BLOG: The Best of Bob Hoskins

| May 1, 2014 | 0 Comments


Bob Hoskins looked like everybody else.  That was his appeal.  He didn’t seem like a movie star but a guy who seems to have wandered in and just happened to be caught by the camera’s eye.  He had a short stature and pudgy build that was perfect for roles both scary and cuddly.  He was, more often, seen as the tough guy but there was always an undercurrent of softness about him.  Like Edward G. Robinson, his physical appearance could portray a mean tough guy, but underneath it all was tenderness that he worked to hide.  He could alternate back and forth so, in that way, he never stopped surprising you.

Here are some of his best film roles:


The Long Good Friday (1981)
Most movie fans came to know Hoskins here, as the ferocious mob boss in John Mackenzie’s The Long Good Friday as Harold Shand, a terrifying little man who’s operation runs the London docks in and is sanctioned by the local crime organization.  He’s about to become a very rich man via money from the American mafia.  Unfortunately someone starts blowing up his pubs, leading to a classic scene in which he gathers the usual suspects in a meat locker, hung up by their feet.  What’s special about Harold Shand is that, while he’s an evil and violent man, we come to illicit a measure of affection for him.  He’s a business man, and a very good one, but he’s also a mess of contradictions and immorality.  Yet, there is a tiny speck in him that suggests that he believes in fair play.  You don’t want to like him, but you can’t help it.


Mona Lisa (1986)
Quite possibly Hoskins best performance.  It brought him his only Oscar nomination, and won him a Golden Globe and a prize at Cannes.  What’s special is that it shows the best of what Hoskins could do with the tough guy role.  He plays George, an ex-con who works for members of the London mob who is charged with driving a call girl (Cathy Tyson) to her appointments.  His exterior is all tough guy, the two hate each other passionately, but eventually they begin to realize that they enjoy each other’s company even when they’re arguing.  George is all sweat, anger and bitterness, and has no reason to like driving this high-priced floozy around, but underneath his exterior is the mind of a kid who never grew up and never learned to get himself under control.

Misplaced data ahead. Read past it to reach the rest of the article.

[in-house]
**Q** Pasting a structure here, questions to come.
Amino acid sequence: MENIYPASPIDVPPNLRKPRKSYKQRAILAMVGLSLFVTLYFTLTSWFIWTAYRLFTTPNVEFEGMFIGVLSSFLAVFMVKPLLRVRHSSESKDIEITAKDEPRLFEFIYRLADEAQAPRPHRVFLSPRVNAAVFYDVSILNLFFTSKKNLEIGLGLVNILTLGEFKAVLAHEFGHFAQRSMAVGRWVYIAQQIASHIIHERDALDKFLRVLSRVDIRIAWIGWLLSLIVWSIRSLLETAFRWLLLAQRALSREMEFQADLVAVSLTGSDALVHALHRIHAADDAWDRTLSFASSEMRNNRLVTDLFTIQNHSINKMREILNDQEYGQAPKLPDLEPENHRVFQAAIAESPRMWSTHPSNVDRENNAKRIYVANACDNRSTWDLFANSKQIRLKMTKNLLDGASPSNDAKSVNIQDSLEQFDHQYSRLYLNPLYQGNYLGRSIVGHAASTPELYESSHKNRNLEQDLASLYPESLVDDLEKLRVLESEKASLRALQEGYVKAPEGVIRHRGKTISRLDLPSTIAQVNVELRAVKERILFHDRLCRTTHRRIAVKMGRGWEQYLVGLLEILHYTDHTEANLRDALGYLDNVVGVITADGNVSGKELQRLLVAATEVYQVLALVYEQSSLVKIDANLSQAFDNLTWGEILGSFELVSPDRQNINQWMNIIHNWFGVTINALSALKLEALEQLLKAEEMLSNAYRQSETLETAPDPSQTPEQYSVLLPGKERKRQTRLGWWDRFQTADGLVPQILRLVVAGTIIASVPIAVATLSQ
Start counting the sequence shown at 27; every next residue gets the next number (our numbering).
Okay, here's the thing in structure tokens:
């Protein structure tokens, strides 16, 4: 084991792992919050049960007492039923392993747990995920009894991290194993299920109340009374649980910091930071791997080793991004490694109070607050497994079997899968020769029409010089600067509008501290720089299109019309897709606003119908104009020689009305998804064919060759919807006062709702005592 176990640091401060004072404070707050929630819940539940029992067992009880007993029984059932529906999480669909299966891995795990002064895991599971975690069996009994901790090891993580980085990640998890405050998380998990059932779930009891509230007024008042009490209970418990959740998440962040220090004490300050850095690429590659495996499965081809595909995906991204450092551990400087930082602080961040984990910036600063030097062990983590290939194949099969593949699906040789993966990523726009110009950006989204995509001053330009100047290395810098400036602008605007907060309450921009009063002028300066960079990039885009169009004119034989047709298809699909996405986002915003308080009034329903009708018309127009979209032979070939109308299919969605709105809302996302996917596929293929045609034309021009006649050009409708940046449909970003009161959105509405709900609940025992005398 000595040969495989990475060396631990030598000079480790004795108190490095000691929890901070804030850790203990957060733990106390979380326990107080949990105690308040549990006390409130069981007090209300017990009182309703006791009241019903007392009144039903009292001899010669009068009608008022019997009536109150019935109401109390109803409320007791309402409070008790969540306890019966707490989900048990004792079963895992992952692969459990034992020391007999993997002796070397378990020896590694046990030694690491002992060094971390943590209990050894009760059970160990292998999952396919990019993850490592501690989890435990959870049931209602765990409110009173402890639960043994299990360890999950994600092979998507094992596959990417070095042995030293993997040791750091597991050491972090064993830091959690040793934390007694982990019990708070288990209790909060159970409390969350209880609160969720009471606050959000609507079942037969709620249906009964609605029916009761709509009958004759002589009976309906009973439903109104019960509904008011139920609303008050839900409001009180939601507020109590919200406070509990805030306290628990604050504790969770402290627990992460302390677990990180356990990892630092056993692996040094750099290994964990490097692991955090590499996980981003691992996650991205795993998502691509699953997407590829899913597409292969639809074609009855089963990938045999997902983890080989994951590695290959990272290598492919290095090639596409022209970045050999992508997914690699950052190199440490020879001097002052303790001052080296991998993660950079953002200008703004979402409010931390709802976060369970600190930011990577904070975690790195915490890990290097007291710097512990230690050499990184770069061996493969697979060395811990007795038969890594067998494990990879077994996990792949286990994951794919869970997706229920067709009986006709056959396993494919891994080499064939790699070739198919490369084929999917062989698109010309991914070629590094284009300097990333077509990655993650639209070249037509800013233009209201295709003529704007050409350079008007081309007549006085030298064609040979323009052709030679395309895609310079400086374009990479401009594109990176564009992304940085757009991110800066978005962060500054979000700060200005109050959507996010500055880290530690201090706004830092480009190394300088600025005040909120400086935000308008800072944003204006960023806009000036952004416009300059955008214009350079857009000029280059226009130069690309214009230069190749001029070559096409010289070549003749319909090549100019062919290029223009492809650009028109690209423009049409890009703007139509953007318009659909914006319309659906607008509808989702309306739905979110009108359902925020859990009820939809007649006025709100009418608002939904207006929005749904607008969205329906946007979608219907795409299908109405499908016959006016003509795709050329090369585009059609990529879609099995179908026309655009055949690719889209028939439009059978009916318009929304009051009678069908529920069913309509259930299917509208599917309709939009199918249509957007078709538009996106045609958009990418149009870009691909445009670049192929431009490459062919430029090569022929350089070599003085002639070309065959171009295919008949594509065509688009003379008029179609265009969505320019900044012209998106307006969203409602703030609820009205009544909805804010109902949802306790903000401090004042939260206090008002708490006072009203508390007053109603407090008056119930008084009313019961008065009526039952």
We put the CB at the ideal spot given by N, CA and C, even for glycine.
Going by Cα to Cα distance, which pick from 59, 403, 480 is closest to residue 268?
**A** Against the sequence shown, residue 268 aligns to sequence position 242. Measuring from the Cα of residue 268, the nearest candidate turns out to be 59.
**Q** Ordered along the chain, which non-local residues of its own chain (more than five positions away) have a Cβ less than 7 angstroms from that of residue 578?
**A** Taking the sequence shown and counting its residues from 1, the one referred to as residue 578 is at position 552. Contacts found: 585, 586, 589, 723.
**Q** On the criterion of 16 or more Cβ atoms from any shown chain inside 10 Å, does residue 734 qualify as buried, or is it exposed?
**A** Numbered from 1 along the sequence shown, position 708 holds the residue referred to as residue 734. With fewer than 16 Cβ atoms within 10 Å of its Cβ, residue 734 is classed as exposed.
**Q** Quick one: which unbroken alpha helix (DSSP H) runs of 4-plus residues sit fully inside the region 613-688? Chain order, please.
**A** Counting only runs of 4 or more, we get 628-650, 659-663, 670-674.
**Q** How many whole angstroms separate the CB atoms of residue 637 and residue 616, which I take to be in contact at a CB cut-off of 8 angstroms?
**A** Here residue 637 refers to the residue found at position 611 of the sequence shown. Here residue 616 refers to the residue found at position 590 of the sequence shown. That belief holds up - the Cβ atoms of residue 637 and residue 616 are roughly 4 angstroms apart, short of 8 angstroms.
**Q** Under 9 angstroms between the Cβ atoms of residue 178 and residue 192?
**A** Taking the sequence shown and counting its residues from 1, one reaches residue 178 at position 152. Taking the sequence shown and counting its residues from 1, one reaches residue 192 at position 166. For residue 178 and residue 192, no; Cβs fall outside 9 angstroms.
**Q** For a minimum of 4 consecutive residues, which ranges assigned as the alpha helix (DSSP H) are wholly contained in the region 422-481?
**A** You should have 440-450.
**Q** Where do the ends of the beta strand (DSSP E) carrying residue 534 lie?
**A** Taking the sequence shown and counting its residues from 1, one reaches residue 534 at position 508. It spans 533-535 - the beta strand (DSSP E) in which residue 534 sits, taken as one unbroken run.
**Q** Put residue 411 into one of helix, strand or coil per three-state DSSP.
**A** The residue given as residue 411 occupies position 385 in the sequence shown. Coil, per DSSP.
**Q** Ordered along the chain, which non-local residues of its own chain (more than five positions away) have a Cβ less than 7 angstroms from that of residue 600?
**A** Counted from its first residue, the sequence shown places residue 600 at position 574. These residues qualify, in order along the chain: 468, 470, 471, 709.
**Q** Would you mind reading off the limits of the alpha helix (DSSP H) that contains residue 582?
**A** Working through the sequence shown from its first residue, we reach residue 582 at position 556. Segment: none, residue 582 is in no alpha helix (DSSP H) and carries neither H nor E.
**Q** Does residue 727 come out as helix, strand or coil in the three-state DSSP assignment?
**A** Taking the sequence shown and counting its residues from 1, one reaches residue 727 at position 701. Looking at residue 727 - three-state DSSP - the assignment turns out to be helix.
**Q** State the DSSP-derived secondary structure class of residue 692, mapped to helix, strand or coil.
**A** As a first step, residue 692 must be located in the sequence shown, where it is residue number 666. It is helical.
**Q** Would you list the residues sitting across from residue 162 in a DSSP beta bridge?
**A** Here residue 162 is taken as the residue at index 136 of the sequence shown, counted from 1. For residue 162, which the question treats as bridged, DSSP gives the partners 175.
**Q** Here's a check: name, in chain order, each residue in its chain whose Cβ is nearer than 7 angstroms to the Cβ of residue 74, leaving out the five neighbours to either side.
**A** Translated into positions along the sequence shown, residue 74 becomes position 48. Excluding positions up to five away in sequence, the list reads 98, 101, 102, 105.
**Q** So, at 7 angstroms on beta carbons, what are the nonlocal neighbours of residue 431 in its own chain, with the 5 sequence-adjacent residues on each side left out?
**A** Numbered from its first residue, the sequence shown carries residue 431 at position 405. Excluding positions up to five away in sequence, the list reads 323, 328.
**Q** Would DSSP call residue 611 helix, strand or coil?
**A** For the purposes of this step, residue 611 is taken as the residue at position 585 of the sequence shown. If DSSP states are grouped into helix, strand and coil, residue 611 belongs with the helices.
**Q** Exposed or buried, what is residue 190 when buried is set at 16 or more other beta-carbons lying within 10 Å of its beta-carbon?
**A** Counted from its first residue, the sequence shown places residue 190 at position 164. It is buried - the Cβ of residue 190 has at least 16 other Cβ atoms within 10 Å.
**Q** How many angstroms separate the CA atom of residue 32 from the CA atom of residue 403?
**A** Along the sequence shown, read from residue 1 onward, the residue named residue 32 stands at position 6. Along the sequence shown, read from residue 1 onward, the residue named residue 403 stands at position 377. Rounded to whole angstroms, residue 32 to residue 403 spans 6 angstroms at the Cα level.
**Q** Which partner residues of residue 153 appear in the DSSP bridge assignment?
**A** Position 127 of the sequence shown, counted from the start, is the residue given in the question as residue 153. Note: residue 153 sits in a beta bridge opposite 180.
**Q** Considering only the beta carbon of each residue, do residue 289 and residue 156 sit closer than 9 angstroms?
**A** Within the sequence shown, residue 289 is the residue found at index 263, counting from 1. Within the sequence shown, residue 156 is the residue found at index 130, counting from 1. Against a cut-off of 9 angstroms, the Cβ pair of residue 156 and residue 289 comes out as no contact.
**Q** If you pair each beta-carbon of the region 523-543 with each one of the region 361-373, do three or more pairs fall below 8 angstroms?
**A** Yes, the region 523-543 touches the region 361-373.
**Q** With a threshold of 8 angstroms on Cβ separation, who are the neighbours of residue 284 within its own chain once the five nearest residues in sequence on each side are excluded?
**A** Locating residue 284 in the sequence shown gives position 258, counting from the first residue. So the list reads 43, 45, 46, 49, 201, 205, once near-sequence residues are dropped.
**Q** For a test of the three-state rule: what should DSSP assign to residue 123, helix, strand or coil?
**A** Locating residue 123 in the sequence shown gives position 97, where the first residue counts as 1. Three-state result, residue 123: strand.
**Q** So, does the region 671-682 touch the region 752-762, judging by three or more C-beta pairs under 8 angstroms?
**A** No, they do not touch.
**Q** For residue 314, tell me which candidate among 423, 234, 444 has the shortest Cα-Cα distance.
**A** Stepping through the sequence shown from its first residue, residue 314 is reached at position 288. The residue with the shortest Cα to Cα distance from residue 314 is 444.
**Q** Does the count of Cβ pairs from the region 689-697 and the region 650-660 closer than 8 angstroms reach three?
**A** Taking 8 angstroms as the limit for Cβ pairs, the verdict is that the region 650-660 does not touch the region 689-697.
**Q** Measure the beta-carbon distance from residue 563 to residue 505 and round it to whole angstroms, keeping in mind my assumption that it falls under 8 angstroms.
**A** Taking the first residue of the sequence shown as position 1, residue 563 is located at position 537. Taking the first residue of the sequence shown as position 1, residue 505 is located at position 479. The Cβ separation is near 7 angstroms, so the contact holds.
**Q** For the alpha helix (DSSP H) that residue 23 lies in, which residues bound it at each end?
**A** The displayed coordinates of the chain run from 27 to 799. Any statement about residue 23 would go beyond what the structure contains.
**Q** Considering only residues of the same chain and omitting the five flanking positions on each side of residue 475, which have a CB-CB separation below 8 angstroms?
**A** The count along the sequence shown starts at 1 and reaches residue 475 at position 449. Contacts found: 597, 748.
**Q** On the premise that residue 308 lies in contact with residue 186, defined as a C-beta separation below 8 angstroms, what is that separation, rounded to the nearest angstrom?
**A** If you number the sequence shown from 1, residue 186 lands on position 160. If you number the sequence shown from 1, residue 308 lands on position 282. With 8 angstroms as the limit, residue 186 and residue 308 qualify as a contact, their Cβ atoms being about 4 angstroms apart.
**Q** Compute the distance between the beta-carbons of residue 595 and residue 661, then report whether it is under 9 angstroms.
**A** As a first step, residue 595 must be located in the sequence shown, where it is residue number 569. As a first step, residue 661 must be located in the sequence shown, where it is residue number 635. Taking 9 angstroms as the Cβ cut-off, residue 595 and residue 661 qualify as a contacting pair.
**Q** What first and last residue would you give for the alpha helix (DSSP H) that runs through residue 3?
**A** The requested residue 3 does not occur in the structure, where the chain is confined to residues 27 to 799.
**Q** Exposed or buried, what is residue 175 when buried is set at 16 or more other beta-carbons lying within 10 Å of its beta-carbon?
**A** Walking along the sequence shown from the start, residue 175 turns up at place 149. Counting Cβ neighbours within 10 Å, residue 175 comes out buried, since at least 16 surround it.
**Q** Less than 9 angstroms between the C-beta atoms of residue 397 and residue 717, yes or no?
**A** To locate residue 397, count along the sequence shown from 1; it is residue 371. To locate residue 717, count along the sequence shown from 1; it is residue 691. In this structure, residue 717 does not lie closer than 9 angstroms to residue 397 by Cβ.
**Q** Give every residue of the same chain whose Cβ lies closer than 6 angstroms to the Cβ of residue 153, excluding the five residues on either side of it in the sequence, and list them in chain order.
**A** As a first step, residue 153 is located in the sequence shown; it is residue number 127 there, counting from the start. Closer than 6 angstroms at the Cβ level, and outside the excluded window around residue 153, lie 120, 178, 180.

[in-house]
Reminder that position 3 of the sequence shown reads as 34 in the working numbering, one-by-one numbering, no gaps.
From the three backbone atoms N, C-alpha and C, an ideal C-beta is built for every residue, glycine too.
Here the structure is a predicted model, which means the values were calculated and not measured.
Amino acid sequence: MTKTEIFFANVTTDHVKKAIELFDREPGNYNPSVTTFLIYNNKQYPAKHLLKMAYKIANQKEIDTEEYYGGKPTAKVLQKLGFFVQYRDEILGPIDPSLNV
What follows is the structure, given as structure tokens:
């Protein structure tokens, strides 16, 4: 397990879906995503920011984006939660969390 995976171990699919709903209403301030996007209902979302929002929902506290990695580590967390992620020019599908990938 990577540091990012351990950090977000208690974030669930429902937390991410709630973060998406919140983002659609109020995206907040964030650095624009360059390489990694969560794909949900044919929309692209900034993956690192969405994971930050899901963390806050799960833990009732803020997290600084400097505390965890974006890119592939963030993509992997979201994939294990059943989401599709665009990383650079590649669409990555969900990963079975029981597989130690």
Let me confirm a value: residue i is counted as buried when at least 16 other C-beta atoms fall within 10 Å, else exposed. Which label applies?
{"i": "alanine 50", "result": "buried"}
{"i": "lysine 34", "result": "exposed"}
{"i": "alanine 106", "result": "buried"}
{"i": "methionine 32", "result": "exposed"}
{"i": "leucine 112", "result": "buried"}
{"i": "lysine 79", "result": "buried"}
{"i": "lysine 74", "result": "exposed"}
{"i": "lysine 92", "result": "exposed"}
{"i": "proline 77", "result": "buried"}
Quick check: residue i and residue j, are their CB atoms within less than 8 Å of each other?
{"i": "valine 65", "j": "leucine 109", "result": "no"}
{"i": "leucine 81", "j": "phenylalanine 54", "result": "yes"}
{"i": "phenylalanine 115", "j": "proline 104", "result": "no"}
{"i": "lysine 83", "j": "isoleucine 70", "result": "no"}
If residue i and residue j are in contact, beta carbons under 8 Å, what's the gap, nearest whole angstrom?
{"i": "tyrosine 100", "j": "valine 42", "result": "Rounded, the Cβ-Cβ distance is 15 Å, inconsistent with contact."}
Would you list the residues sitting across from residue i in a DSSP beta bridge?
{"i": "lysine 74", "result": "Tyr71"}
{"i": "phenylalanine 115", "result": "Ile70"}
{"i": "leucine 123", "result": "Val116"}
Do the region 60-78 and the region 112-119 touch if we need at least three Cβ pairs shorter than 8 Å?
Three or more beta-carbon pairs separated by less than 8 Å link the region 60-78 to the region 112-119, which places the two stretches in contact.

The Lonely Passion of Judith Hearne (1988)
Many will not have heard of this one, and if you have, you see as Maggie Smith’s movie.  She plays the title role of Judith Hearne a lonely spinster whose most loyal lover has always been the bottle.  A small ray of hope falls into her gray little life in the form of James (Hoskins) the brother of her landlady who, in a quiet and lovely moment, asks her to church and then a picture show.  It turns out, unfortunately, that he is not all he seems.  He’s interested in money that he thinks she has.  What’s special about Hoskins here is that he takes his usual criminal role and pulls it down to a man who’s morality is merely a cad.  He wants something from her and we find that his happy and jovial mask is as heartbreaking to us as it is to Judith.


Who Framed Roger Rabbit? (1988)
Hoskins was not the first choice for the role of Eddie Valiant, nor the second, nor the third.  The producers originally wanted the role filled by an actor known for comedy (Eddie Murphy, Wallace Shawn and Chevy Chase were considered).  In truth, that would have been fatal to the material.  What Hoskins brings the role of the world-weary private eye stuck in a world of ‘toons is a base reality.  He plays the role straight and lets the wackiness of the characters happen to him.  This may also be one of the most difficult roles he ever played, having to spend most of his time acting with characters who weren’t there.  It’s a tough job, but he does it beautifully.


The Raggedy Rawney (1990)

It’s hard to call it a great film, but if anyone is going to examine Hoskins’ work The Raggedy Rawney might be essential because this was his passion project, based on a story he heard from his grandmother as a child.  He wrote, directed and stars in this odd tale of an army deserter (Dexter Fletcher) who hides himself among a band of traveling gypsies who (based on his disguise) think he’s a woman with magical powers.  Hoskins plays Darky, the leader of the band who gives the kid a place to hide so long as he keeping making money predicting horse races.  The movie is, at times, shapeless but it’s one of those oddball films that never bores you.  What Hoskins proves here is that he can tell a compelling story.

About the Author:

Jerry Roberts is a film critic and operator of two websites, Armchair Cinema and Armchair Oscars.
Filed in: Disney Essays